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The debut of heartthrob Hrithik Roshan is a classic tale of love and truth overcoming a corrupt world and nasty parents
Poor boy Rohit (Roshan) and rich girl Sonia (Patel) float around the world of young Bombay's entertainment industry. When Rohit is hired to play his groovy tunes on a yacht for the hip rich kids, the couple head off on a cruise around the islands of Singapore.
Due to a drunken mishap they end up stranded on a desert island where their love blossoms. When Sonia's papa rescues them he tells the young lovers that they are not to see each other again. Rohit says they will not get married until he can stand on his own two feet. All seems to be going well until Rohit witnesses the killing of the police commissioner and is killed himself. Sonia is inconsolable and so her father sends her to New Zealand to get over it. Imagine her surprise when she discovers an exact carbon copy of Rohit called Raj. He comes back with her to India and together they unmask Rohit's killers.
Rakesh Roshan produced and directed Kaho Na Pyar Hai to launch his son. And launch him it did. Overnight he became a sensation. It delivered him fresh and cute to an audience hungry for new blood. The three Khans - Aamir, Shah Rukh and Salman - had been battling it out for the top slot all through the 90s and then, without even trying, young Hrithik danced his way into it with Kaho Na Pyar Hai. All anyone was interested in for about six months afterwards was Hrithik Roshan.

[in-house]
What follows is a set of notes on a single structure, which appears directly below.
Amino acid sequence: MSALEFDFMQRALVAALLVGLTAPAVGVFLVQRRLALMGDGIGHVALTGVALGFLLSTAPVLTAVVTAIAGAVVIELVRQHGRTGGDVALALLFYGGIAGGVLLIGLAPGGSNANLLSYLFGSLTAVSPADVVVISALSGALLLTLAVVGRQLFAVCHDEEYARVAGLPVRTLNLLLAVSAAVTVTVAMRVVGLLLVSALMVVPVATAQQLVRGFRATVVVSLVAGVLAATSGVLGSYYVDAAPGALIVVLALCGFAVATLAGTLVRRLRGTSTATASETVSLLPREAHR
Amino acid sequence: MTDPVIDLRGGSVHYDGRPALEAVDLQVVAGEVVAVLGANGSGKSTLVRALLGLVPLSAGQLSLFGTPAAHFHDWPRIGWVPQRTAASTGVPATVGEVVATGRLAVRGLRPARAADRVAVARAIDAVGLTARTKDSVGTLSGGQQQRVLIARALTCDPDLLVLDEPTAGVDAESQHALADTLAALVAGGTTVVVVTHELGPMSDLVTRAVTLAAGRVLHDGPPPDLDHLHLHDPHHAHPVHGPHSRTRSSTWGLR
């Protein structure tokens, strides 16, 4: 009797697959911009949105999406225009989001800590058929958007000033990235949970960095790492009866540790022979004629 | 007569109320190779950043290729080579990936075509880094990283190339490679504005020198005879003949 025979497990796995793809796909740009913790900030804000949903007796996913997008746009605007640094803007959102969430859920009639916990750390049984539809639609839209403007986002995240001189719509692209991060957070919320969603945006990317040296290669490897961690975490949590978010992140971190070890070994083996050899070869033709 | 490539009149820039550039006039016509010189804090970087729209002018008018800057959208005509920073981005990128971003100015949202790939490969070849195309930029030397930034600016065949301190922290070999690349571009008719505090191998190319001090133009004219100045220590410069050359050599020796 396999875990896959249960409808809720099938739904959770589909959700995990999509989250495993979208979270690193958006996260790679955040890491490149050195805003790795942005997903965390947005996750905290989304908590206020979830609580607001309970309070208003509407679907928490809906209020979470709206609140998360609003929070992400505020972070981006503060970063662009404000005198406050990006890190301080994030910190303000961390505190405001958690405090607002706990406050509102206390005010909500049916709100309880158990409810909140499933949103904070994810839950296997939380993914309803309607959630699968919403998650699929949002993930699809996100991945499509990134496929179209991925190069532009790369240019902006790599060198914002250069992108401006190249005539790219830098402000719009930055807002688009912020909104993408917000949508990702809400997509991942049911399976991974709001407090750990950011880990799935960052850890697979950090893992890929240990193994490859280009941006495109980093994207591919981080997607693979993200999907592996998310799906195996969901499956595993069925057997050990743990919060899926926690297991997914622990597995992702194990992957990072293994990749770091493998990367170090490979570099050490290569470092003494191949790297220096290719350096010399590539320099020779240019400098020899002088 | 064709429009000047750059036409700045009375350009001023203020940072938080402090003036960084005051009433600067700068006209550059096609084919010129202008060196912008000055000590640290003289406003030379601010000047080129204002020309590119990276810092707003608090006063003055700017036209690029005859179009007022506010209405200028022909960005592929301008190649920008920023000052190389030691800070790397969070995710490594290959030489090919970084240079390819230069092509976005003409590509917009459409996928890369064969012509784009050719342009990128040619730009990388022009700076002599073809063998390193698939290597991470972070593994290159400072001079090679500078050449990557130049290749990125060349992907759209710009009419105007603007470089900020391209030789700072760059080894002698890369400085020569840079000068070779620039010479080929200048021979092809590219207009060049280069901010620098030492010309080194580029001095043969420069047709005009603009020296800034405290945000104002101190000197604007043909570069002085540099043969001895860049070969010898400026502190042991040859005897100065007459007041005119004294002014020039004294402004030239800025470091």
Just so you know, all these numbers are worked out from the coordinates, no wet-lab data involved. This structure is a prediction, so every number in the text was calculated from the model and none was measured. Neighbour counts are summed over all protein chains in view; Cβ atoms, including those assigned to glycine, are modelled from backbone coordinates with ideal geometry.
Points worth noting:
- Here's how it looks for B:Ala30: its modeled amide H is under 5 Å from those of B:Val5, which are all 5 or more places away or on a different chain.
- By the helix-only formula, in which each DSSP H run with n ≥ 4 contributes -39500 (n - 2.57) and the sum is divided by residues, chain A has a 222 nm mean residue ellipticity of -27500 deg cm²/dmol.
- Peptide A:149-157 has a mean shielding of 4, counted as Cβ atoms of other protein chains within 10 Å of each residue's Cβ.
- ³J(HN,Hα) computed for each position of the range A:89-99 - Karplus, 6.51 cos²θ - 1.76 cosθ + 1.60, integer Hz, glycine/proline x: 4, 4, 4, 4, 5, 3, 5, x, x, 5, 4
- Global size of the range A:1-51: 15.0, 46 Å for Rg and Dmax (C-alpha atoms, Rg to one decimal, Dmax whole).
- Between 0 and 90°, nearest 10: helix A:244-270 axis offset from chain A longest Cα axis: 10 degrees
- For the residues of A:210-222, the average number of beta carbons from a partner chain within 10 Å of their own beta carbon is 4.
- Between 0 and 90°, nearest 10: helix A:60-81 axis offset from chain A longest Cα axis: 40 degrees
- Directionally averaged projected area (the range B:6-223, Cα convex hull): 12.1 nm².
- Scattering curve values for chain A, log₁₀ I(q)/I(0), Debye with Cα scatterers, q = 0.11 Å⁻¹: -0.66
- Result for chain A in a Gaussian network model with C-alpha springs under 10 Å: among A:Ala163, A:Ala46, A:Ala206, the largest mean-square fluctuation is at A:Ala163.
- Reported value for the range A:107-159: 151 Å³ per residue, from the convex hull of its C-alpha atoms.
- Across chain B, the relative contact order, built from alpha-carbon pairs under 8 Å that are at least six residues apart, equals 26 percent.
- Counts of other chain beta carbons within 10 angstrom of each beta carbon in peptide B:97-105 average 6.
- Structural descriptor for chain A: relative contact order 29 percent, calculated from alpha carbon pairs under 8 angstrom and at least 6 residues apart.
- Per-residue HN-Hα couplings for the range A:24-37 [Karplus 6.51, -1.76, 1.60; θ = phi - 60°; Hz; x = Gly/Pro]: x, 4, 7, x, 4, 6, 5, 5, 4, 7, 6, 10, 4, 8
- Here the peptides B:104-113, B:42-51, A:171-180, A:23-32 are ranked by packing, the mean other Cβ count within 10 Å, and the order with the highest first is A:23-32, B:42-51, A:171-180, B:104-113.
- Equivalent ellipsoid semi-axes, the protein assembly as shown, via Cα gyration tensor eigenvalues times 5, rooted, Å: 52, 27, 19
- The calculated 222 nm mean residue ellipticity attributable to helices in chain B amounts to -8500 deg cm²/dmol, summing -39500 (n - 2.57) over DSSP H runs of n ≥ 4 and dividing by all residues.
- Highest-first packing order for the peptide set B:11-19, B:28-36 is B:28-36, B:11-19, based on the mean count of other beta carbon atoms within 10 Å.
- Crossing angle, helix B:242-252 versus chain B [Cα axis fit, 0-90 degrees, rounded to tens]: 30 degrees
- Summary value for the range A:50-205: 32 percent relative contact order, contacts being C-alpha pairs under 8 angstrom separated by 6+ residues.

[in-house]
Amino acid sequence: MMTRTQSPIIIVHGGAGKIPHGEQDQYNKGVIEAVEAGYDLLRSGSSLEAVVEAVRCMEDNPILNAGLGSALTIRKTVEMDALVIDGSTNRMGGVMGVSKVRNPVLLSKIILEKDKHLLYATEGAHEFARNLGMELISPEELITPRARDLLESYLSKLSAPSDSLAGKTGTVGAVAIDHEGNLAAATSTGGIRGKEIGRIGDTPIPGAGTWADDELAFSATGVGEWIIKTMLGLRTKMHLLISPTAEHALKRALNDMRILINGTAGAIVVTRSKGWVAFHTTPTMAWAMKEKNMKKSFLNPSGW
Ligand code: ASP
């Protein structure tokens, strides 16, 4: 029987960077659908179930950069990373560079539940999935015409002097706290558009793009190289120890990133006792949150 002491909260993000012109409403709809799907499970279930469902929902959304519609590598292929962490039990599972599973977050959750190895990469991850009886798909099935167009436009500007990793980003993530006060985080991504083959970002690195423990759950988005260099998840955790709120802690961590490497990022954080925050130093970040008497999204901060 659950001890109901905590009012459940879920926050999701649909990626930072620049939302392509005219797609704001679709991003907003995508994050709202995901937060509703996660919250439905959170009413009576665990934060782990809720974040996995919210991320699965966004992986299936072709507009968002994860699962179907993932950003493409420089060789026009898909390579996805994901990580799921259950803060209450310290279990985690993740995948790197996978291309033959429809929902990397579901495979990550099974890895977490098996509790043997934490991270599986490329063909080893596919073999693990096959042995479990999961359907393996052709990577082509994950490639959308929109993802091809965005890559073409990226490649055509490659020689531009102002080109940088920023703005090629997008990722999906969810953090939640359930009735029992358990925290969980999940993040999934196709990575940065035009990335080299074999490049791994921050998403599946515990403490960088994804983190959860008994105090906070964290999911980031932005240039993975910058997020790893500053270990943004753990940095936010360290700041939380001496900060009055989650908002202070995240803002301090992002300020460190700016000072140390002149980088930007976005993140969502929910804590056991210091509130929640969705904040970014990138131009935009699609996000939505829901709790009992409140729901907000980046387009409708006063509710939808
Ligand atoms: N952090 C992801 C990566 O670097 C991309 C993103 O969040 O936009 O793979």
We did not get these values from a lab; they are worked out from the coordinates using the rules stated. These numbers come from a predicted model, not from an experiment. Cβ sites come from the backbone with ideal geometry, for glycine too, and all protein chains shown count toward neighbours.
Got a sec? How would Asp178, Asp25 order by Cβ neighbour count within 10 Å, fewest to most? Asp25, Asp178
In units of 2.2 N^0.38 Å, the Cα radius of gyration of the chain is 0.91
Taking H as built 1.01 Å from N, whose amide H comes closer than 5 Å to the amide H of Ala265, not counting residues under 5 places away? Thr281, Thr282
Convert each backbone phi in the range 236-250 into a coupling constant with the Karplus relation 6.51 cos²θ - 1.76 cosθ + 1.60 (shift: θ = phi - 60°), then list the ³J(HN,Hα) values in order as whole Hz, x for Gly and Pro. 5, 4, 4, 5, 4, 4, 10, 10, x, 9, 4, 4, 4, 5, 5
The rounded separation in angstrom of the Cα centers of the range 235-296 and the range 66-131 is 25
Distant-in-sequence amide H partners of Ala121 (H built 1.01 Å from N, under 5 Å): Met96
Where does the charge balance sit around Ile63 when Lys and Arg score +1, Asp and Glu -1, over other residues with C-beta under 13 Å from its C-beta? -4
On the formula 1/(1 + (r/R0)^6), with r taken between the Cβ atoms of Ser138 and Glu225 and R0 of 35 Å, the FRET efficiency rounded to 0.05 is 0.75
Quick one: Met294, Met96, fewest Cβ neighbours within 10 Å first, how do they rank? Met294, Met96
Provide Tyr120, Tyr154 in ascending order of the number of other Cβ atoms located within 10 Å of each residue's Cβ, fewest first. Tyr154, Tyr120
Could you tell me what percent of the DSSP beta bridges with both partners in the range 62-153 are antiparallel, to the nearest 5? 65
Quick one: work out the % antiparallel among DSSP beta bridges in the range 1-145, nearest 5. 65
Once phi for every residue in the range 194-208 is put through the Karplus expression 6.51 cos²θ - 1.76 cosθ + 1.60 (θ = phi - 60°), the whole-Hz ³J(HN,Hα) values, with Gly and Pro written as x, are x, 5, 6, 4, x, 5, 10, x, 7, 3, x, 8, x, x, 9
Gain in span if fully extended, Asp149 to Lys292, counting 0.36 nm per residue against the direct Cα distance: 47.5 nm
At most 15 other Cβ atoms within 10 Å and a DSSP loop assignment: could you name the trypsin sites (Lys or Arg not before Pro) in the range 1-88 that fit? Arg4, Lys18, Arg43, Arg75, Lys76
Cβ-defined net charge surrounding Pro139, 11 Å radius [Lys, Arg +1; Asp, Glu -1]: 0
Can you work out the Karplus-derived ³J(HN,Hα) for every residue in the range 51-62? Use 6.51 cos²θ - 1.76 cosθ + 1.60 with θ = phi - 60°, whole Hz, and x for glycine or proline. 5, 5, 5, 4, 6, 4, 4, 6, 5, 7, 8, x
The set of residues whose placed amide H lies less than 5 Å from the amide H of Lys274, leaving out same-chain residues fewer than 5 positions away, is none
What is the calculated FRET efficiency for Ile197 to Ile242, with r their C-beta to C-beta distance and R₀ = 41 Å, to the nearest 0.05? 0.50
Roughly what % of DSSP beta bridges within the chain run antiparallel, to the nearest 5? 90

He demonstrates a remarkable self-confidence throughout this film, quite unlike the usual awkwardness you often see in first films. His key selling point, other than the easy smile and street cool style, is his ability to dance well. All heroes have to dance. Even those who can't - like Sanjay Dutt for example - have to do some kind of dance, even if it's just a variant on jumping. Hrithik looked as if he was genuinely enjoying the complicated group dances. Farah Khan's choreography, which dated so quickly, here looks new and sexy.
Kaho Na Pyar Hai is what could, if we are feeling kind, be called a classic Hindi film plot line. Rich and bad versus poor and honest, lots of songs in exotic locales and a happy ending in the form of a wedding. Its massive success heartened traditionalists within the industry and they dared to believe that perhaps the old formulas might still work given the right combination of songs, locations and the correct proportion of chiffon saris to mini skirts. Unfortunately, over the last three years a few dozen more films like this have been released and flopped. Quite a few, it must be said, with young Hrithik in them.
Its infectious youthful energy and Hrithik's easy confidence are enough to make a believer out of anyone.
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